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Laying the keel

1

“And I can recall our caravel:
a little wicker beetle shell
with four fine masts and lateen sails,
its bearings on Cair Paravel.” 2


The Gist.

We make things, unlikely things, in small quantities, mostly by hand, and in a place where it is expensive to do this. The second edition Lapera DS is available now for pre-sale and the price is $12k Canadian. This is a lot by any measure, but not, we feel, and if you understand the process, by any means excessive.

The Longer Version.

I grew up in England in a place where they used to build working sailing ships. It was on the estuary of a minor river and the boats were smallish, made of wood, and slightly dogged. The pubs had nautical names and low tide revealed a collection of rubber boots claimed from the unwise and unwary by the estuary mud. There was a rose-covered bower at the bottom of our garden made from an old rowing dinghy, its stern buried in the ground, and a mysterious sail loft, far larger than the surrounding houses, towered over the garden wall. All that was left of the industry along the waterfront was a collection of empty sheds, crumbling quays, collapsing slipways and a strong air of pathos – now of course all erased by rather unimaginative imitation Victorian housing estates, definitely colder, if not also sadder than what was there before. As with many other places in the West, industry, not to be confused with industriousness, has moved on: where I come from they don’t make much of anything anymore.

I like boats. You may have noticed. There are similar distinctions to be made in boat building as there are in the making of coffee machines. There is a world of difference between “a silent, sweet sailboat slipping through the cool water”3 and a hole in the water lined with wood. Unlike espresso machines (no matter how you feel about your morning coffee), boats have that edge of life-and-death about them: if the water is cold, if it is deep, and most especially if it is angry, you very much want to be in a tight ship and not a wood-lined hole. Both coffee machines and sailboats are outdated technology: one is essentially a steam engine and the other has, well, sails. Coffee machines however, unlike sailboats (beautiful and graceful as they may be), retain a deep relevance to contemporary society: rather more people drink coffee at work than sail to get there. Ultimately, both sailboats and coffee machines are cultural as well as technical objects, inextricably tied to their time and place and to the people who make and use them. How something is made, how deeply its maker understands it and how closely that person is connected to the people who will ultimately use it, are, in my view at least, important. Put simply, culture is difficult, if not impossible, to outsource.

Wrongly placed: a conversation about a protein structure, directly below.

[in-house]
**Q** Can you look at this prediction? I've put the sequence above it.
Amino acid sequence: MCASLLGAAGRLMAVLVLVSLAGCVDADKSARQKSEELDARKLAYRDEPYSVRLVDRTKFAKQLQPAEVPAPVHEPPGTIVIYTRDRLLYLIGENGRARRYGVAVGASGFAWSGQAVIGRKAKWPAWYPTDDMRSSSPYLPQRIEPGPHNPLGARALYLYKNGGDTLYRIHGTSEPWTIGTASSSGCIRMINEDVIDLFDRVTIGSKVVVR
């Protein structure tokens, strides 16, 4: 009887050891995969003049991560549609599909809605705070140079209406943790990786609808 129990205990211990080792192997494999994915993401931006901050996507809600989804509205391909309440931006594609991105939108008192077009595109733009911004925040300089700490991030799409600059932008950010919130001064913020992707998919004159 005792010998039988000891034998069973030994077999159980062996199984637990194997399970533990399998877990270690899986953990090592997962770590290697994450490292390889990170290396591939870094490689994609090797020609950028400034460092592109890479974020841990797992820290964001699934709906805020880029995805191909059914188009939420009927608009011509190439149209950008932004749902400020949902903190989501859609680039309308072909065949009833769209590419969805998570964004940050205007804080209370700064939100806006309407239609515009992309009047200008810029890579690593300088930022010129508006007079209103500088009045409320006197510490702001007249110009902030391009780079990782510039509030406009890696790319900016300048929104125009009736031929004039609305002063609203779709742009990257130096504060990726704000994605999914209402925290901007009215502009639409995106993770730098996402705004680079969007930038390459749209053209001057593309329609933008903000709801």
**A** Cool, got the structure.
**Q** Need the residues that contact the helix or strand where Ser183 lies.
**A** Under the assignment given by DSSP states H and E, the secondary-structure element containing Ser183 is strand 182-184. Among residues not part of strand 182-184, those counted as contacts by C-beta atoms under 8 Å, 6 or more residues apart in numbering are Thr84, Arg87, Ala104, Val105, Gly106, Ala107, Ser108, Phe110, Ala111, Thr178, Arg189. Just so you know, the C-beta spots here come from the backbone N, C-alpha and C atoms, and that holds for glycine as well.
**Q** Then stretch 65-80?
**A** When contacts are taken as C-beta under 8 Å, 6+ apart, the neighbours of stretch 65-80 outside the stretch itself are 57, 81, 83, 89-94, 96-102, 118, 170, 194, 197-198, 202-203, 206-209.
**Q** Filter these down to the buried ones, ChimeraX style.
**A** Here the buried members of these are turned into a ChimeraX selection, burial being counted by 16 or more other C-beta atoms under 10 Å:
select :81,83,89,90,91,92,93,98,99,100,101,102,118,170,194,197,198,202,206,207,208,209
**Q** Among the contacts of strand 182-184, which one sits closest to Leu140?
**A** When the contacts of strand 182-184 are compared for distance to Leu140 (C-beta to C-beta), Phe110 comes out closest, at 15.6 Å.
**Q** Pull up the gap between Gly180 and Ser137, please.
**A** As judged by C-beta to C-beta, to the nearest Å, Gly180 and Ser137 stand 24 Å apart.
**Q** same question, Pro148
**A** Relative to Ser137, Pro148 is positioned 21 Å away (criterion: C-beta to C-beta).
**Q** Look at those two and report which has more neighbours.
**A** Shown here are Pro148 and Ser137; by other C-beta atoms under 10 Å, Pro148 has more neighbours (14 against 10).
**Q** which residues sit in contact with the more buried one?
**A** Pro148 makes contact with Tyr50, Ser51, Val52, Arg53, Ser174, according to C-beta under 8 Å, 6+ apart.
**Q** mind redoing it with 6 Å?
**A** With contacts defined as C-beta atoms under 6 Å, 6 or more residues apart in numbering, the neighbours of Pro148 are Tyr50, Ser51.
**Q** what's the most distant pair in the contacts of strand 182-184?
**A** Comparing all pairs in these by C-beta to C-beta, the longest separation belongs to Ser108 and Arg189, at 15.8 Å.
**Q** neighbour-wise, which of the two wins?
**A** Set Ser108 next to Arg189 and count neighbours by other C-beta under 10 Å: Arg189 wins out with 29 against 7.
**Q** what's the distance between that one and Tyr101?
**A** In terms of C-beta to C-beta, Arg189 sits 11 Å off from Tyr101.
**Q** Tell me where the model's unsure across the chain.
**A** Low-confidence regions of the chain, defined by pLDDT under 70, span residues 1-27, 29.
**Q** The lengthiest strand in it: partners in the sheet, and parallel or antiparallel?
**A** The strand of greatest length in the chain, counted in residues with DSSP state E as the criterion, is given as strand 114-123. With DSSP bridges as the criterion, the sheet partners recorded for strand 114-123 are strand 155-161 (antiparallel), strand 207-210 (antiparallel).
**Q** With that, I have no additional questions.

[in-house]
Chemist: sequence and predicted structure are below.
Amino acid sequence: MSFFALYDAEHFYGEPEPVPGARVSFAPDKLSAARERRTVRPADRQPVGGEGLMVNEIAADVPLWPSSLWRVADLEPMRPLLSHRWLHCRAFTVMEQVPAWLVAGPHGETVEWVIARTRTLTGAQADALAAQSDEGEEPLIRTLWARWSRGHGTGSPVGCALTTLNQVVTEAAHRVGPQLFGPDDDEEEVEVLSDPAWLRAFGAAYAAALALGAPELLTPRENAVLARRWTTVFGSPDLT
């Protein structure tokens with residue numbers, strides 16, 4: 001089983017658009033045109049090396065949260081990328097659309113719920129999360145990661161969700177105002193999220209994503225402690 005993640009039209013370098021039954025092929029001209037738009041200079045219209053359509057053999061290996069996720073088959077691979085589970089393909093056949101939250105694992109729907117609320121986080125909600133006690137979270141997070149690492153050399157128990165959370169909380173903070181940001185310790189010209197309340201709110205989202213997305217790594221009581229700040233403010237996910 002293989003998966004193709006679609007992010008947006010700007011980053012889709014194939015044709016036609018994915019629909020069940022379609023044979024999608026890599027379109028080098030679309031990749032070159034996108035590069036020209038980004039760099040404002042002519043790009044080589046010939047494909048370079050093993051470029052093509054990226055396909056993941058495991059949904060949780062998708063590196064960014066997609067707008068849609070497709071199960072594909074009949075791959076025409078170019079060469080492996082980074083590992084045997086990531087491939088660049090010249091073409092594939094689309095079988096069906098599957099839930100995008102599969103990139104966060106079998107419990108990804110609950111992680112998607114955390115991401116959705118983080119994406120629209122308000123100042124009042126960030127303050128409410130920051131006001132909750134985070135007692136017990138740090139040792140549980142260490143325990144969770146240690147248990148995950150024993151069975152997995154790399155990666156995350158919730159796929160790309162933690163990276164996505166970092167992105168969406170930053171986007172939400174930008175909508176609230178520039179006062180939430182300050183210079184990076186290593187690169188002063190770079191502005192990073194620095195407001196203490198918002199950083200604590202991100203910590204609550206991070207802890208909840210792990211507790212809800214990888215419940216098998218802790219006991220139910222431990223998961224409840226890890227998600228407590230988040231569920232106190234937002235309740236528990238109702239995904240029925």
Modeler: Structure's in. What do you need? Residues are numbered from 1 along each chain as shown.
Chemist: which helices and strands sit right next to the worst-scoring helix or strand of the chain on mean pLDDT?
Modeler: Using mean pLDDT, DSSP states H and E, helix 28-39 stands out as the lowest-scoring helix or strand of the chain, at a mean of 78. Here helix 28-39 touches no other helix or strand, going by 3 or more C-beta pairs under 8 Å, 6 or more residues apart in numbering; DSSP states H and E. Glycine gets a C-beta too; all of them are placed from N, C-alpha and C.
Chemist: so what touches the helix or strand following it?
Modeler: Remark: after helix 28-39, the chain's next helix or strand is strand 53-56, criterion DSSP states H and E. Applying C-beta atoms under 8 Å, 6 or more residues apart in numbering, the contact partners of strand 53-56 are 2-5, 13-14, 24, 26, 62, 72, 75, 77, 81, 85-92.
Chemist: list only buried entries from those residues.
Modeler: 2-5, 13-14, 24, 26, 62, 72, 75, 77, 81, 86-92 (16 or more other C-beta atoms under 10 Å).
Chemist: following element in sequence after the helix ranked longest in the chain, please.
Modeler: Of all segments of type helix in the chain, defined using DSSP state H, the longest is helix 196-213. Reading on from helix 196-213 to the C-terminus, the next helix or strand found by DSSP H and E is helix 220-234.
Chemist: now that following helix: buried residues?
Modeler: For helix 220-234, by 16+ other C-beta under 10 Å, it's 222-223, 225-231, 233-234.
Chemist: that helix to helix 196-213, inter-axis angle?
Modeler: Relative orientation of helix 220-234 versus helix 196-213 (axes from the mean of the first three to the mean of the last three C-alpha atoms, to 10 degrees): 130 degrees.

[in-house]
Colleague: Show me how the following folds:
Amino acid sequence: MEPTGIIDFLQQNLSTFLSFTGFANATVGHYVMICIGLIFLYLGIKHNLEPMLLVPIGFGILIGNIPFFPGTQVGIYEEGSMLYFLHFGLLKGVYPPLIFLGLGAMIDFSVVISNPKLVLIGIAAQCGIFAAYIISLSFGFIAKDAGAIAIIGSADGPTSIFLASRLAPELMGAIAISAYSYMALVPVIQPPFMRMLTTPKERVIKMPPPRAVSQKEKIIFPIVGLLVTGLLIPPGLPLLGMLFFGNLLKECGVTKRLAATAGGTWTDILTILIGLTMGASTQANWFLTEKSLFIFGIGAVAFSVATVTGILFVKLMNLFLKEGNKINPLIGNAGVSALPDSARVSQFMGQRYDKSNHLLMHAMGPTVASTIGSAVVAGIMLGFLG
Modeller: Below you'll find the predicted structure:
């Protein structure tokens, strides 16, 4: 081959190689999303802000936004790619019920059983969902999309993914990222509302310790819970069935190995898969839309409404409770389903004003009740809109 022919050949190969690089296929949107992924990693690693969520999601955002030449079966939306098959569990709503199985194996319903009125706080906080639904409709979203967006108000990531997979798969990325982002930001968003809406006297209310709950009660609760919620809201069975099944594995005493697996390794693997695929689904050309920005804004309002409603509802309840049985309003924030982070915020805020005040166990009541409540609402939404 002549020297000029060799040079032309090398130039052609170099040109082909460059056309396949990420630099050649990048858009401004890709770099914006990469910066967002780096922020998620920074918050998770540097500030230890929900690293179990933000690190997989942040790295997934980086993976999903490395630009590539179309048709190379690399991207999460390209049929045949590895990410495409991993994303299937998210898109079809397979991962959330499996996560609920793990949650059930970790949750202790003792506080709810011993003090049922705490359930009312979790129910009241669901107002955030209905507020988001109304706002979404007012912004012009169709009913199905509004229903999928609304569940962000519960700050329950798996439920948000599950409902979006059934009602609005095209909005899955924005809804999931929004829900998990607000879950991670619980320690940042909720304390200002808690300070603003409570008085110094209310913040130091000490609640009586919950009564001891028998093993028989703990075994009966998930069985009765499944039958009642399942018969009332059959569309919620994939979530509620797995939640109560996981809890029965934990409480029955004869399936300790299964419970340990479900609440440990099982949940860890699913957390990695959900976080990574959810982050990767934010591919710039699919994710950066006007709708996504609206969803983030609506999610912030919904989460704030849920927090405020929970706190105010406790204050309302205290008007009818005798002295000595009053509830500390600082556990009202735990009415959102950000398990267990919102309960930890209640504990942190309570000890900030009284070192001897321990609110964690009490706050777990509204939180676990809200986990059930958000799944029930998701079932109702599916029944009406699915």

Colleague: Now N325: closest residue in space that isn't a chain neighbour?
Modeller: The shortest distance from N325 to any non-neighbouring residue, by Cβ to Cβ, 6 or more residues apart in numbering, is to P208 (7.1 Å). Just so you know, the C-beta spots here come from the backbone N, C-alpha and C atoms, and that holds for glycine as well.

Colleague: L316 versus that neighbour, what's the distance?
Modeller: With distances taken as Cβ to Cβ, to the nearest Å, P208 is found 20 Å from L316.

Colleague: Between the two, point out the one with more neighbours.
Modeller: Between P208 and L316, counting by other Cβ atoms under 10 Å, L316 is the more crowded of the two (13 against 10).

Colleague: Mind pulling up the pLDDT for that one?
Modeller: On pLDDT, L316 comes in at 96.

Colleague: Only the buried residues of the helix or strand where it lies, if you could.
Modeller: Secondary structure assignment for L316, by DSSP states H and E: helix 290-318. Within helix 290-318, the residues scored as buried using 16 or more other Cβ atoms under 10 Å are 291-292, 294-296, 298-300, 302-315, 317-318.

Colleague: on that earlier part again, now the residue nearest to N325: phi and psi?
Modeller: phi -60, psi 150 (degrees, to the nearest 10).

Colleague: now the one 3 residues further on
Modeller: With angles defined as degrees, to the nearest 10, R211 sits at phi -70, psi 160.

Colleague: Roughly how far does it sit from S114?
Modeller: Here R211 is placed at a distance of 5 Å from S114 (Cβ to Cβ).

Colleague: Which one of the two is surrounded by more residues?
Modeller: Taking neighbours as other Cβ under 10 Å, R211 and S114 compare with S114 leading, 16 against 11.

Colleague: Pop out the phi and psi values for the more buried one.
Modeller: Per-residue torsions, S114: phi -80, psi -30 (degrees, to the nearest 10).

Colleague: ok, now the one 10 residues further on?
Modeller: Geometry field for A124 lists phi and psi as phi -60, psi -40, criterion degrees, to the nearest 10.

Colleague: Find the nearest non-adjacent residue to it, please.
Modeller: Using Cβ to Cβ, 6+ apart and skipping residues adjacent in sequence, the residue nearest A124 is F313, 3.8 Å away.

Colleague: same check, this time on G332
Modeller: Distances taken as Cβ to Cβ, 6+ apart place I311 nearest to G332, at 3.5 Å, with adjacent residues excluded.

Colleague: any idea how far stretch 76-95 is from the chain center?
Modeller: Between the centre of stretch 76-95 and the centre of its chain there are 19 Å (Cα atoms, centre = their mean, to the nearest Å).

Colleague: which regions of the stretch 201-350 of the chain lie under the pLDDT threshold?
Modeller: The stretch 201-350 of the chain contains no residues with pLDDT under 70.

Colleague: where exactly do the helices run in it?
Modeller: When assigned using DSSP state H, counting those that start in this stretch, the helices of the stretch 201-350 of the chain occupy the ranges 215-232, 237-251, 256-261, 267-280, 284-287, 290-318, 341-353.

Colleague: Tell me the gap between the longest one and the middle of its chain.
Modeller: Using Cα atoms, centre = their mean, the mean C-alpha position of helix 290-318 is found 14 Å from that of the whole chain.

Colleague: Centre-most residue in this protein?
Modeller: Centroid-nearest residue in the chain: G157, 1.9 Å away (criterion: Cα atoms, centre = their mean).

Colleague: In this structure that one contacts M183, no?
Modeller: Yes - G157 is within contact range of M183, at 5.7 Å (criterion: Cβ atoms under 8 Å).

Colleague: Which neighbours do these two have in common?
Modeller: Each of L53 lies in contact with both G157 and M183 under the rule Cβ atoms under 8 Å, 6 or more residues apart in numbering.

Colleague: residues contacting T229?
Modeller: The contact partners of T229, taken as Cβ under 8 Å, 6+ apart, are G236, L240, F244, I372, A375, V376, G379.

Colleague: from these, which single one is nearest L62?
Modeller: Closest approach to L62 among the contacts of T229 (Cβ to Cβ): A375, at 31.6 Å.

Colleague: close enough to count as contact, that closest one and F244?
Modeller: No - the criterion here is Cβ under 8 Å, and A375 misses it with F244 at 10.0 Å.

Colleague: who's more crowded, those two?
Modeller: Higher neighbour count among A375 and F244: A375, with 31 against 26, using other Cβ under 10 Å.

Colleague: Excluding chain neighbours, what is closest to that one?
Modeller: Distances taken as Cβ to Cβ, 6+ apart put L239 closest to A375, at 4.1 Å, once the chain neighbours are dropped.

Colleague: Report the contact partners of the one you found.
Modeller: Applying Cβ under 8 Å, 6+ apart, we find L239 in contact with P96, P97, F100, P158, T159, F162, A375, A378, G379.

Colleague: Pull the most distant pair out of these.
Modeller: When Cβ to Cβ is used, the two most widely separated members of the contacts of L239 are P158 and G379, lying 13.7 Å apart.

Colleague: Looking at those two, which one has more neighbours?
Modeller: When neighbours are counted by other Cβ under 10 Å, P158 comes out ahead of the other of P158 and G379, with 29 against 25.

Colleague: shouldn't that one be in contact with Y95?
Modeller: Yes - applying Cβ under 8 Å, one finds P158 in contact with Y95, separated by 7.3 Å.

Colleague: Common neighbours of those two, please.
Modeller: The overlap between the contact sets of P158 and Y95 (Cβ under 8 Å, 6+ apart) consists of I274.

The city of Montreal dates back to the French colonial fur trade and has always been heavily enmeshed in the textile industry. My first three studio spaces in Montreal were in former textile and fur lofts in the old part of the city. The building in Montreal’s Mile End, where Laperas are made, was a leather goods factory (which had been variously and previously: a car wash, a body and transmission shop, a gas station and a stable). Historically, Mile End served as a gateway to successive waves of European immigration. After the second world war, the textile industry grew rapidly until it drew a nearly twenty-thousand strong labour force from the mostly European diasporas (Jews, Greeks, Portuguese, Italians) of the immediate surrounding populations. As with many other kinds of manufacturing, low overseas labour costs coupled with dirt-cheap containerized shipping led at first to the slow decline and then the rapid collapse of the local needlework trade. The loss of tens of thousands of jobs almost overnight had a huge impact on the people who worked there, and left a ghost town of empty factories. Into that vacuum rushed the artists, tech startups and other post-industrial actors in search of cheap space. Now the main industry in the area (other than flat whites) is video games; as about as post-industrial as it gets. The vast flow of European immigrants has left its mark on the neighborhood in the form of churches and synagogues, bakeries and delis, the world’s best bagels (sorry New York, you’re just wrong) and, of course, proper coffee.

Da capo al fine is an Italian term (all the good ones are) in music, meaning “repeat from the beginning” (literally “from the head to the end”), or, as Humphrey Bogart actually didn’t say in Casablanca: “Play it again, Sam.” So, after a few months spent sweeping under the tables, sharpening the chisels and polishing the chandeliers, it is time to take it from the top. We have come full circle and are laying the keels of the second edition Lapera DS: twelve serial numbers from 0010 to 0021. Based on the experience gained during the production of the first edition and the feedback from the Founders’ Circle owners, this edition will have quite a few tweaks to improve, refine and better what can be improved, refined and bettered. So we’re playing it again, Sam, only a little bit better. The price, from beam to beam and stem to stern, is $12k Canadian. A lot, I know, but they don’t build ’em like this anymore. The edition should ship, if all goes well, in the first part of 2022.

For aforementioned unscientific and capricious reasons, the majority of this edition is already spoken for. There are still a few machines in search of a good home however, so please get in touch if you would like one. 

Thomas


(1) Howard Chapelle, 10 ft Rowing and Sailing Dinghy
(2) Joanna Newsom, Bridges and Balloons
(3) Annie Proulx, The Shipping News


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